Brunch with Chef and Rambler Paul Robinson

We talk brunch with Paul Robinson, the self-taught cook, food writer, rambler and photographer behind @yorkshiregourmet

Warning... This will make you very hungry. 

How do you like your eggs in the morning?

Boiled eggs with soldiers. Or scrambled! 

Image credit: Paul Robinson @yorkshiregourmet

What’s your go-to brunch to make at home? 

I tend to make my own baked beans, a big batch, they’re usually hot and spicy with plenty of chilli, sometimes I add beer, more interesting than tinned beans. So, some good quality sausages, homemade baked beans on toasted sourdough with a fried egg hits the spot and maybe some bacon, accompanied by a good coffee.

Image credit: Paul Robinson @yorkshiregourmet

Image credit: Paul Robinson @yorkshiregourmet

What’s your best ‘brunch for dinner’ recipe?

A savoury clafoutis is a good one, it’s kind of a posh baked omelette but requires a bit more effort than your usual omelette. So, good eggs, like Burford Browns (available in Tesco and Sainsburys), with Bleiker’s Peat Smoked Salmon, Lord of the Hundreds, Barncliffe Brie and cherry tomatoes.

Lord of the Hundreds is one my favourite cheeses, hands down. It’s a semi-hard cheese made in East Sussex from raw sheep’s milk, the flavour is nutty and grassy and it’s also a great substitute to Parmesan.

Bleiker’s smokehouse is located in the Dales, they smoke Scottish salmon over natural Yorkshire peat and oak shavings, similar to some Scottish smoked salmon I once tried on the Isle of Skye, it’s really good.

Barncliffe Brie is a local cheese from Shelley near Huddersfield, it’s beautifully mellow and creamy, as you’d expect of a good brie. So, the two types of cheese are a good contrast with the smoked salmon and the cherry tomatoes balance everything with a sweet flavour burst and good cooking as I always say is all about balance of flavour.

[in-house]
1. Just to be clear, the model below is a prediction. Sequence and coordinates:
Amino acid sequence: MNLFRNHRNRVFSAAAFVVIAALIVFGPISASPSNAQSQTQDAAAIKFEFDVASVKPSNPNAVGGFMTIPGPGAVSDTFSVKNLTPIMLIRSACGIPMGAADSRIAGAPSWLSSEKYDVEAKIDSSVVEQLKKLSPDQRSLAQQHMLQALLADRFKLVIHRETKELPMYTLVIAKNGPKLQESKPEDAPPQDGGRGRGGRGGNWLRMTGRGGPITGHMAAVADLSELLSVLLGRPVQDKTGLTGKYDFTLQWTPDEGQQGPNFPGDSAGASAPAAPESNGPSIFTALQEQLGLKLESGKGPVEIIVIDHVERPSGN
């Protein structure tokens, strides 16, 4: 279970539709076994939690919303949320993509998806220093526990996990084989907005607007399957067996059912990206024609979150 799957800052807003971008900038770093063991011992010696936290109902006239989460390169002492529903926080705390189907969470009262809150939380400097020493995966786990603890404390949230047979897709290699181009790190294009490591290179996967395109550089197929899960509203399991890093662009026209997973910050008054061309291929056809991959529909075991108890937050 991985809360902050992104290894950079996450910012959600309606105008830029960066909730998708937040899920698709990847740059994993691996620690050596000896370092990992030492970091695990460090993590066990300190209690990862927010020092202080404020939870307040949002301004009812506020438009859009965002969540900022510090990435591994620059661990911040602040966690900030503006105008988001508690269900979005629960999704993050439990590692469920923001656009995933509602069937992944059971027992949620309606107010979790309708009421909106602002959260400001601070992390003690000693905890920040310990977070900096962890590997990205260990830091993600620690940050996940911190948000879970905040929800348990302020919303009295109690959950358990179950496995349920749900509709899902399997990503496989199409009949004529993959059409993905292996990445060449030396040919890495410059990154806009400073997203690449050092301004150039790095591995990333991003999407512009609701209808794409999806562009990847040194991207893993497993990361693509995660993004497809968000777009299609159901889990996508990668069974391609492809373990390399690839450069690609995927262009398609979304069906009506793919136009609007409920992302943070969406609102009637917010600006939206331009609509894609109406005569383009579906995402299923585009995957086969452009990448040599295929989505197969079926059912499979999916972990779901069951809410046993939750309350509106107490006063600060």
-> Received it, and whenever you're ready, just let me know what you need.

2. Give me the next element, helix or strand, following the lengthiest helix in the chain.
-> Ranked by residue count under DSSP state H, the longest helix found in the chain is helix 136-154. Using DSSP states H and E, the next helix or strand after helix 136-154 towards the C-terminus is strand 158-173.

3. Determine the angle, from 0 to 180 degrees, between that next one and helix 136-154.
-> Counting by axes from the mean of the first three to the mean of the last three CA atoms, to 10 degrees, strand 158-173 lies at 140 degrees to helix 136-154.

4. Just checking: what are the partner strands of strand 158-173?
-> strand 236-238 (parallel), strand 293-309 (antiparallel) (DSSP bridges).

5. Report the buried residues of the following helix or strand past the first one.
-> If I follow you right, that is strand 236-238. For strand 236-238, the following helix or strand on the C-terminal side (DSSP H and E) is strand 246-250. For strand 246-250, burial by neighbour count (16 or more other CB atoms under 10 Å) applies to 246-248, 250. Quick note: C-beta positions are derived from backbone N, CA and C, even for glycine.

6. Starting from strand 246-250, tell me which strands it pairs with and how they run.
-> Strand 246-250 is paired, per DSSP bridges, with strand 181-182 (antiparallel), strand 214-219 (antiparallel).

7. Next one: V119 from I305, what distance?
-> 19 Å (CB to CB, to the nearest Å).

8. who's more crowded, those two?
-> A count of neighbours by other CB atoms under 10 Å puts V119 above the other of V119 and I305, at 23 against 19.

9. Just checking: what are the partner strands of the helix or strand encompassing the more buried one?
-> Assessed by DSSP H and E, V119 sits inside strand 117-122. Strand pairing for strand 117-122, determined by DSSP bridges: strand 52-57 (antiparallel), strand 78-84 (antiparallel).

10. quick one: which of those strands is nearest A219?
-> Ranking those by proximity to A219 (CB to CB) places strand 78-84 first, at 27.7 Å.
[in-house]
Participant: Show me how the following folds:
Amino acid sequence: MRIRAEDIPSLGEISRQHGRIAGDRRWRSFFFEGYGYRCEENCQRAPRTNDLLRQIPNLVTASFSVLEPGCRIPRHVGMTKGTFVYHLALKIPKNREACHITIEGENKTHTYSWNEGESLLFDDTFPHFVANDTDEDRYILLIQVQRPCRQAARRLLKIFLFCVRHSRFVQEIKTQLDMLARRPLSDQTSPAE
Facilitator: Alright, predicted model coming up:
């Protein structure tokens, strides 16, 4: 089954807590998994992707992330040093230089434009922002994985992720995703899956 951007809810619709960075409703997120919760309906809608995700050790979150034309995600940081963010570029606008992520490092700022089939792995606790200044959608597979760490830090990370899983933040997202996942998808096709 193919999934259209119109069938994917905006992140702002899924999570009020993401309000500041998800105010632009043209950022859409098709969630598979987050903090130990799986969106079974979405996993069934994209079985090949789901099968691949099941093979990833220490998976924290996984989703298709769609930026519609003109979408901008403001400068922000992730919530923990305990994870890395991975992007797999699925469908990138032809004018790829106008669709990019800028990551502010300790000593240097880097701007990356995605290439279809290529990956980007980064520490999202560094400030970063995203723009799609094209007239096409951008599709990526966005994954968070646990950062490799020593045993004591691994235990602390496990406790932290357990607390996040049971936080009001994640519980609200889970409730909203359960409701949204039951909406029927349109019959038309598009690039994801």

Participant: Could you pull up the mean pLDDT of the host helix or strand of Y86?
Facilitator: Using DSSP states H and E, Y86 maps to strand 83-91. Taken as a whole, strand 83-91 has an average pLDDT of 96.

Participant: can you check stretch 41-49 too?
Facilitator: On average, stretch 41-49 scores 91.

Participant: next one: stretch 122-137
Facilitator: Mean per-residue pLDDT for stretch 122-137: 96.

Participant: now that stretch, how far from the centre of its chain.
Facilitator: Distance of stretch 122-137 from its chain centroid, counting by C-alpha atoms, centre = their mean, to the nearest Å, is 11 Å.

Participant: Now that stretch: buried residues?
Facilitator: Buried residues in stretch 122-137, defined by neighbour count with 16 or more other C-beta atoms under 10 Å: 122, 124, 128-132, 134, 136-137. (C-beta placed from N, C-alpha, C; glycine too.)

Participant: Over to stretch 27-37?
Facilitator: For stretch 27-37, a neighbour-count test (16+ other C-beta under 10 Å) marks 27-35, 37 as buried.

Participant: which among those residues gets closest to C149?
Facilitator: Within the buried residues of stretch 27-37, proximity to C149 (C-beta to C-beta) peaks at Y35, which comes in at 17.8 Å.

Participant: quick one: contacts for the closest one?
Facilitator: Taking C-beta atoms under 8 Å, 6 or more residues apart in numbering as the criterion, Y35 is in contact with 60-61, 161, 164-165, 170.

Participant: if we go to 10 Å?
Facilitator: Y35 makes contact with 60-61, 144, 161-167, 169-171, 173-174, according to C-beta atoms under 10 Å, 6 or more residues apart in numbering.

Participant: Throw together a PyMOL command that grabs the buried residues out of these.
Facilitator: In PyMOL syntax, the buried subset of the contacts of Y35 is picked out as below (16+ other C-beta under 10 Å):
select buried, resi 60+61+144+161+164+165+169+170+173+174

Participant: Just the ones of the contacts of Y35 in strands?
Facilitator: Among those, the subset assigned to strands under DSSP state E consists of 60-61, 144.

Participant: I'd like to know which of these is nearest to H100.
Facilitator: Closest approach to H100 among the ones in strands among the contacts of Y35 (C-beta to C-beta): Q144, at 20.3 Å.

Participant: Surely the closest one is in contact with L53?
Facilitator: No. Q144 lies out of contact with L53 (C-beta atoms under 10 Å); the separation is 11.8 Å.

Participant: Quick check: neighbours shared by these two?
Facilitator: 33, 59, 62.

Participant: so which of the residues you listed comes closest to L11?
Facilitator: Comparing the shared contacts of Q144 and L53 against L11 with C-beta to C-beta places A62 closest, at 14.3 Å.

Get the recipe here

Savoury clafoutis - image credit: Paul Robinson @yorkshiregourmet

If you’re not brunching at home, where are you brunching? 

Bloc in Holmfirth on a Sunday morning. Or outside my tent, alone, when I’m wild camping up a mountain or on the moors.

 Image credit: Paul Robinson @yorkshiregourmet

How does cooking help you relax?

I used to work in an office as a graphic designer for about twenty years and whenever I cooked at home it felt like some kind of therapy, a means of escape, a means to create.

It took my mind of things when I came home from work and cooking something delicious is one of life’s simple pleasures. You tend to forget about things and focus on what you’re doing when you’re cooking be it just chopping veg or stirring a pot almost like you’re in a trance state, even more so over a campfire, the flames are hypnotic.

You just get in the zone so to speak. Cooking in a different context, up a mountain in a whiteout presents a whole new set of challenges – so it’s not always relaxing! But what an experience eh?! And what memories! 

What’s your usual wind-down routine at the end of the day?

I’m a bit of a night owl so it takes a bit of an effort sometimes to stop my brain from firing on all cylinders before I go to bed (Paul sleeps in Linen in Snow). Listening to music sometimes helps or watching a horror film or reading up on something that expands my mind like astronomy.

A glass of whisky has helped recently – Filey Bay – Yorkshire’s first single malt. My wife recently bought me a bottle as an anniversary present, it’s really good.

One of the things I love about hiking is the physical exercise and I often sleep better at the end of the day after all that fresh air and exertion and the contentment from being outdoors in places I love.

A comfy bed is a luxury compared to roughing it in a tent in a sleeping bag! But I don’t really have a wind-down routine really, I go to bed when I’m tired enough.

Bedfolk Linen in White

Linen in Snow

You spend a lot of time cooking outdoors – how did you adapt to cooking at home during lockdown?

During lockdown I got my outdoor cooking fix in the garden barbecuing. May was a good month for that, no rain at all and the hottest on record, although I do enjoy cooking and being outdoors in all weathers, the weather never puts me off.